Super User is a question and answer site for computer enthusiasts and power users. Join them; it only takes a minute:

Sign up
Here's how it works:
  1. Anybody can ask a question
  2. Anybody can answer
  3. The best answers are voted up and rise to the top

I have seen people being able to use vi for programming purposes and being able to see e.g. the methods a file contains, jump from a method invocation to its definition etc. I.e. being able to use it a full featured programming editor.
How can I do this? Do I need some special plugins? Is there an easy guide for setting this up?

share|improve this question
You have probably seen VIM do this.... – mdpc May 14 '13 at 17:45
@mdpc:In my mind vi and vim are the same (perhaps erroneously).So how do they do this? – user65971 May 14 '13 at 17:48

If you want to use vim to programming here are some useful plugins (and other):

  • ctags or similar to generate list of your functions, variables,...
  • vim-taglist to show your functions, variables,...
  • vim-taboo to manage your tabs
  • vim-sqlutilities if you want to format your sql-queries
  • omni-completion
  • your preferred language-specific vim-plugins
  • etc, etc, etc.
share|improve this answer
I am sorry for the lamen question, but how do I install the plugin? – user65971 May 14 '13 at 18:16
Completely depends on the environment. Some distributions include various plugins in the package repository. If they own, then you'll have to download and for the install the plugins. Each plugin will probably include a README/INSTALL file with instructions. Read those. – Zoredache May 14 '13 at 18:51
@Zoredache:When you say plugin you mean an rpm right? – user65971 May 14 '13 at 19:14
No I didn't. I mean plugin as in VIM plugin. I also wouldn't have meant RPM, since I am very much a Debian/Ubuntu person, which uses .deb as the format for files in the package repository. Not that it matters, my comment was meant to be generic. Start by searching for packages built into to your distro. If they are not present, then you have to build and install them yourself. – Zoredache May 14 '13 at 19:18
If you haven't got package from these plugins, you'll download and (generally) should copy ~/.vim/plugins or ~/.vim/ftplugins. – uzsolt May 15 '13 at 6:55

You most likely don't have vi on your system. Most Linux distributions use Vim instead and link the vi command to Vim which is an improved version of vi that tries to stay compatible with it. In the future, try to write "Vim" (or "VIM" or however you want to capitalize it) when you don't specifically ask something about the old and dead vi that nobody uses anymore (Yes, I know someone will downvote this answer and comment that he uses vi…).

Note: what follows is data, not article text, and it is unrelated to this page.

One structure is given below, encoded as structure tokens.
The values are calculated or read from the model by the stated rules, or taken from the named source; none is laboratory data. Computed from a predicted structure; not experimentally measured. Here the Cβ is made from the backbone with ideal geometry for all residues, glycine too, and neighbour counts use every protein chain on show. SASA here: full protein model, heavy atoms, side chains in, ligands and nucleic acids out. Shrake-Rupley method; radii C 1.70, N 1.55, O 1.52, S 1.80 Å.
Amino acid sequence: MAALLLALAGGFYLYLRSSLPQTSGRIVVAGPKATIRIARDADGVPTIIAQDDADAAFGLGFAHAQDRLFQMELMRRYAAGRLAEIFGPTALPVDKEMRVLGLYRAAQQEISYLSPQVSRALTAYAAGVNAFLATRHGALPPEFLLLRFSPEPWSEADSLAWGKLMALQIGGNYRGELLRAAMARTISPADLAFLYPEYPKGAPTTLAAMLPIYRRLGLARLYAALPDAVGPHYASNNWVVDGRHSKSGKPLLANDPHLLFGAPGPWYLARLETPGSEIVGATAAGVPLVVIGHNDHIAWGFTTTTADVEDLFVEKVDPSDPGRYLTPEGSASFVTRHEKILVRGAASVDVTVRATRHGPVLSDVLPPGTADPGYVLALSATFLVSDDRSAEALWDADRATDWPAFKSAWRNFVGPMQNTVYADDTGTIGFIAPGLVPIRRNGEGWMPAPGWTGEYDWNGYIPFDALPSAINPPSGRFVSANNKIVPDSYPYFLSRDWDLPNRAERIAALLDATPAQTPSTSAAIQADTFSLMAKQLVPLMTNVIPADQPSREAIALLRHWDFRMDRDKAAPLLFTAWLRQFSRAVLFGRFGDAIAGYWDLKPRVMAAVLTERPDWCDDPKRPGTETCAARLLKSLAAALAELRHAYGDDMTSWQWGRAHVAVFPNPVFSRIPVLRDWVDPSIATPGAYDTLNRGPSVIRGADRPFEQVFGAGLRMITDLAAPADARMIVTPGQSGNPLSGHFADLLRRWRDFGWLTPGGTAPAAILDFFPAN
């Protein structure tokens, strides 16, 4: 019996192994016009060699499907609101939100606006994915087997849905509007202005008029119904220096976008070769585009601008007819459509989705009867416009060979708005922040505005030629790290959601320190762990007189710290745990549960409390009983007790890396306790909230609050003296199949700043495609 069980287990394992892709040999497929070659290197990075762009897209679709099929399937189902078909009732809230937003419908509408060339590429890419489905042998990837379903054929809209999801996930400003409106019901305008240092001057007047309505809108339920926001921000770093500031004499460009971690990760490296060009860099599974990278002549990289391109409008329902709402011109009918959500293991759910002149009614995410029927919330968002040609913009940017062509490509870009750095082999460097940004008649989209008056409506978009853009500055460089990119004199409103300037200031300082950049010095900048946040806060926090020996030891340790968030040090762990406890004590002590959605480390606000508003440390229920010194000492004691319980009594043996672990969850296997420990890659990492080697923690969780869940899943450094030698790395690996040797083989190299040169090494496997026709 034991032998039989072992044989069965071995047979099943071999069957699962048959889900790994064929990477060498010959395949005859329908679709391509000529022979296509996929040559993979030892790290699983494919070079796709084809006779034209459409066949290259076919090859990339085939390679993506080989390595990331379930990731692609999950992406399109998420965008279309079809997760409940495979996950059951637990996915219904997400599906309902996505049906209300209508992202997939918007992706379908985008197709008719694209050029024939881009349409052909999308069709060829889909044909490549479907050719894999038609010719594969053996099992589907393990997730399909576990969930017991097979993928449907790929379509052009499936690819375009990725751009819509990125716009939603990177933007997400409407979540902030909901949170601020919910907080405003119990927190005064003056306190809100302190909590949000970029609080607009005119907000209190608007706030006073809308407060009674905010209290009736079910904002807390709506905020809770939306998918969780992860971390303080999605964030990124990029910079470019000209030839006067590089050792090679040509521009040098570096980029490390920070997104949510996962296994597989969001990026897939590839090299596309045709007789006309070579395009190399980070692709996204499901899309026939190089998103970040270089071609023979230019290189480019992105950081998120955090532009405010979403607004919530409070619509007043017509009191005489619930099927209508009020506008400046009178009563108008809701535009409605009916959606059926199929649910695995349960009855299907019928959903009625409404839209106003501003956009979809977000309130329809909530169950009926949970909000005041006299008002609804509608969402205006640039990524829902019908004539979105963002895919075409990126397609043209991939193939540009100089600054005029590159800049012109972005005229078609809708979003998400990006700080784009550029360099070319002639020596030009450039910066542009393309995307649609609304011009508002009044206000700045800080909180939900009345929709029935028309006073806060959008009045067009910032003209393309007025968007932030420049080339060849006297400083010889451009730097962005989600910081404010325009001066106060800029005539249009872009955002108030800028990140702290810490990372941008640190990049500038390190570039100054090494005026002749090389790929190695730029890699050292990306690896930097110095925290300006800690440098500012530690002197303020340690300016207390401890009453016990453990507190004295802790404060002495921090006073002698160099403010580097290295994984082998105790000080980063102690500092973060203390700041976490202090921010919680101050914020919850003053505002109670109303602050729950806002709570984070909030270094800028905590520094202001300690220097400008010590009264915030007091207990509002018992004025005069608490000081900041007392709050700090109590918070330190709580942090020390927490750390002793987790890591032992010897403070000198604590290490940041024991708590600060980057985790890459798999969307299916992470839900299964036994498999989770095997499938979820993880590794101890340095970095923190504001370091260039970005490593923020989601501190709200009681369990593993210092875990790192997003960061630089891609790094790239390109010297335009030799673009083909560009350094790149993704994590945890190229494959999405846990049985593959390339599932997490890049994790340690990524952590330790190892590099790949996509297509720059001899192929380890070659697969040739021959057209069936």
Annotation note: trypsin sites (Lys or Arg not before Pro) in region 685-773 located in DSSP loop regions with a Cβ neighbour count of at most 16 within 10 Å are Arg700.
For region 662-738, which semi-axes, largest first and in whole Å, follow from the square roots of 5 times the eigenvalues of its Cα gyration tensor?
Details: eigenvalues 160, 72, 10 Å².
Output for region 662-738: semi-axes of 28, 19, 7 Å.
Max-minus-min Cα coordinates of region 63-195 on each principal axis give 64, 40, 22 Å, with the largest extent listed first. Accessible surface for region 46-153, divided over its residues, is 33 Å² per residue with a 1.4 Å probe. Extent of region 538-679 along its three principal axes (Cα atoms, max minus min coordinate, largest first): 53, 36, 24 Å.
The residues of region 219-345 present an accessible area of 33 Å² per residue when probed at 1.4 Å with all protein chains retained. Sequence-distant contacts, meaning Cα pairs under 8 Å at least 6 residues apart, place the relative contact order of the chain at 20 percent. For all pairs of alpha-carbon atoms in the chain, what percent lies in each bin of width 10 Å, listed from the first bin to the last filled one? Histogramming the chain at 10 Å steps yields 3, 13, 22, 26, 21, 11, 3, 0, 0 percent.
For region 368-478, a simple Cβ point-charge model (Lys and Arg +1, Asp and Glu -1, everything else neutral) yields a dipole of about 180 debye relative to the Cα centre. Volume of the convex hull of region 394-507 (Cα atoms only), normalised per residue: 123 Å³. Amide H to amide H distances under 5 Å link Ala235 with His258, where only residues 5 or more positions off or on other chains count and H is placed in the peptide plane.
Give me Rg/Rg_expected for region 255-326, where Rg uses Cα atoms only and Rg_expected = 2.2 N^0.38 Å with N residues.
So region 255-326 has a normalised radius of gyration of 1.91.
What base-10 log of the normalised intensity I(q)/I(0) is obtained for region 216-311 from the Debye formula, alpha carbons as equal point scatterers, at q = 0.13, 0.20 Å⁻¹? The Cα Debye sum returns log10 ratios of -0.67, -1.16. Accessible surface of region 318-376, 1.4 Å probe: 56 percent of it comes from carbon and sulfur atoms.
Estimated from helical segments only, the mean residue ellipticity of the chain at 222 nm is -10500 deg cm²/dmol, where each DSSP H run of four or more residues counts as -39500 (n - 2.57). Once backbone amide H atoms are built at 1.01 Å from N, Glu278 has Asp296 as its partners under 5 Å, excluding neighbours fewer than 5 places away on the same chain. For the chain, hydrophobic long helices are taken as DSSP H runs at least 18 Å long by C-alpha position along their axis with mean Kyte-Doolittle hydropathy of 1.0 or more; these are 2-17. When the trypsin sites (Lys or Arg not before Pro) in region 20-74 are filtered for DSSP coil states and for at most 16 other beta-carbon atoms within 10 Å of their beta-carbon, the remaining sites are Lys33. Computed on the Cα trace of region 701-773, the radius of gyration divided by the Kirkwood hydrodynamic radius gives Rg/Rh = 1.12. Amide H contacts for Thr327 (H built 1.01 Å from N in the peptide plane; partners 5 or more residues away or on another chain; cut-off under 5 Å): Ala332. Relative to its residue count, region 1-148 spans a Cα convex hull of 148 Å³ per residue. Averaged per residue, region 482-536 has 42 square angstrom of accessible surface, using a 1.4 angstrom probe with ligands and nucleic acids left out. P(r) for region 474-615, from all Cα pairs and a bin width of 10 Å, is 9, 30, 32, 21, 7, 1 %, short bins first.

The default Vim is often a "tiny" version that lacks useful features like clipboard, multibyte or Ruby/Python support, for example. Use your distribution's package manager to make it more useful by installing vim-gtk or vim-gnome.

If you need a plugin or a colorscheme, the best place to look at is If you are working with a specific language, you can try to google vim $language ide: there are many tutorials.

  • "see the methods a file contains"

    You are probably thinking about TagList or TagBar. Both plugins use an external program called ctags (there are a bunch of language-specific alternatives) to generate an index of your code.

  • "jump from a method invocation to its definition"

    This is typically done by pressing <C-]> with the cursor on the method name and depends on a tags file generated by ctags against your code. See :help tags and :help ctags.

    If the definition is in the same file, you can use gd which has no dependency.

If you are genuinely curious about Vim, I'd suggest you try to learn to use it with as few plugins as possible: you can do a lot with bare Vim and no plugin as it comes with syntax highlighting, indentation rules, completion and specific settings for dozens of languages and many other useful features.

One very important thing to keep in mind, though, is that Vim is not an IDE. It doesn't have an internal parser that scans your code in real time to report syntax error or perform smart refactoring. Vim is a text editor geared toward programmers: it doesn't understand your code at all but it offers the kind of unparalleled text editing features that programmers like.

You can install many plugins and think you have an IDE but you don't. Keep that in mind.

Finally, here are the two lines you need to put in your ~/.vimrc:

filetype plugin indent on
syntax on

The 1st one activates language detection and language-specific settings, indenting and so on.

The 2nd one activates syntax highlighting.

Suggested reading:

:help quickref
:help usr_01 and following
:help windows
:help motion (my favorite)
share|improve this answer
+1. Very helpful.The 1st one activates language detection and language-specific settings. You mean programming language or locale? – user65971 May 14 '13 at 19:56
Programming language of course. – romainl May 14 '13 at 19:59
So the idea is that I run ctag over the code base and then I use vi on the source code – user65971 May 14 '13 at 20:03
No, you use Vim. And what you do over the code base depends on what outcome you want. If you want to be able to "jump to definition" and back you must generate a tags file and make sure it is somewhere Vim can find it (:h ctags) before you can use one of the commands/shortcuts listed in :h tags. – romainl May 14 '13 at 20:12
-1 I still use vi – Darth Android May 14 '13 at 21:37

You must log in to answer this question.

Not the answer you're looking for? Browse other questions tagged .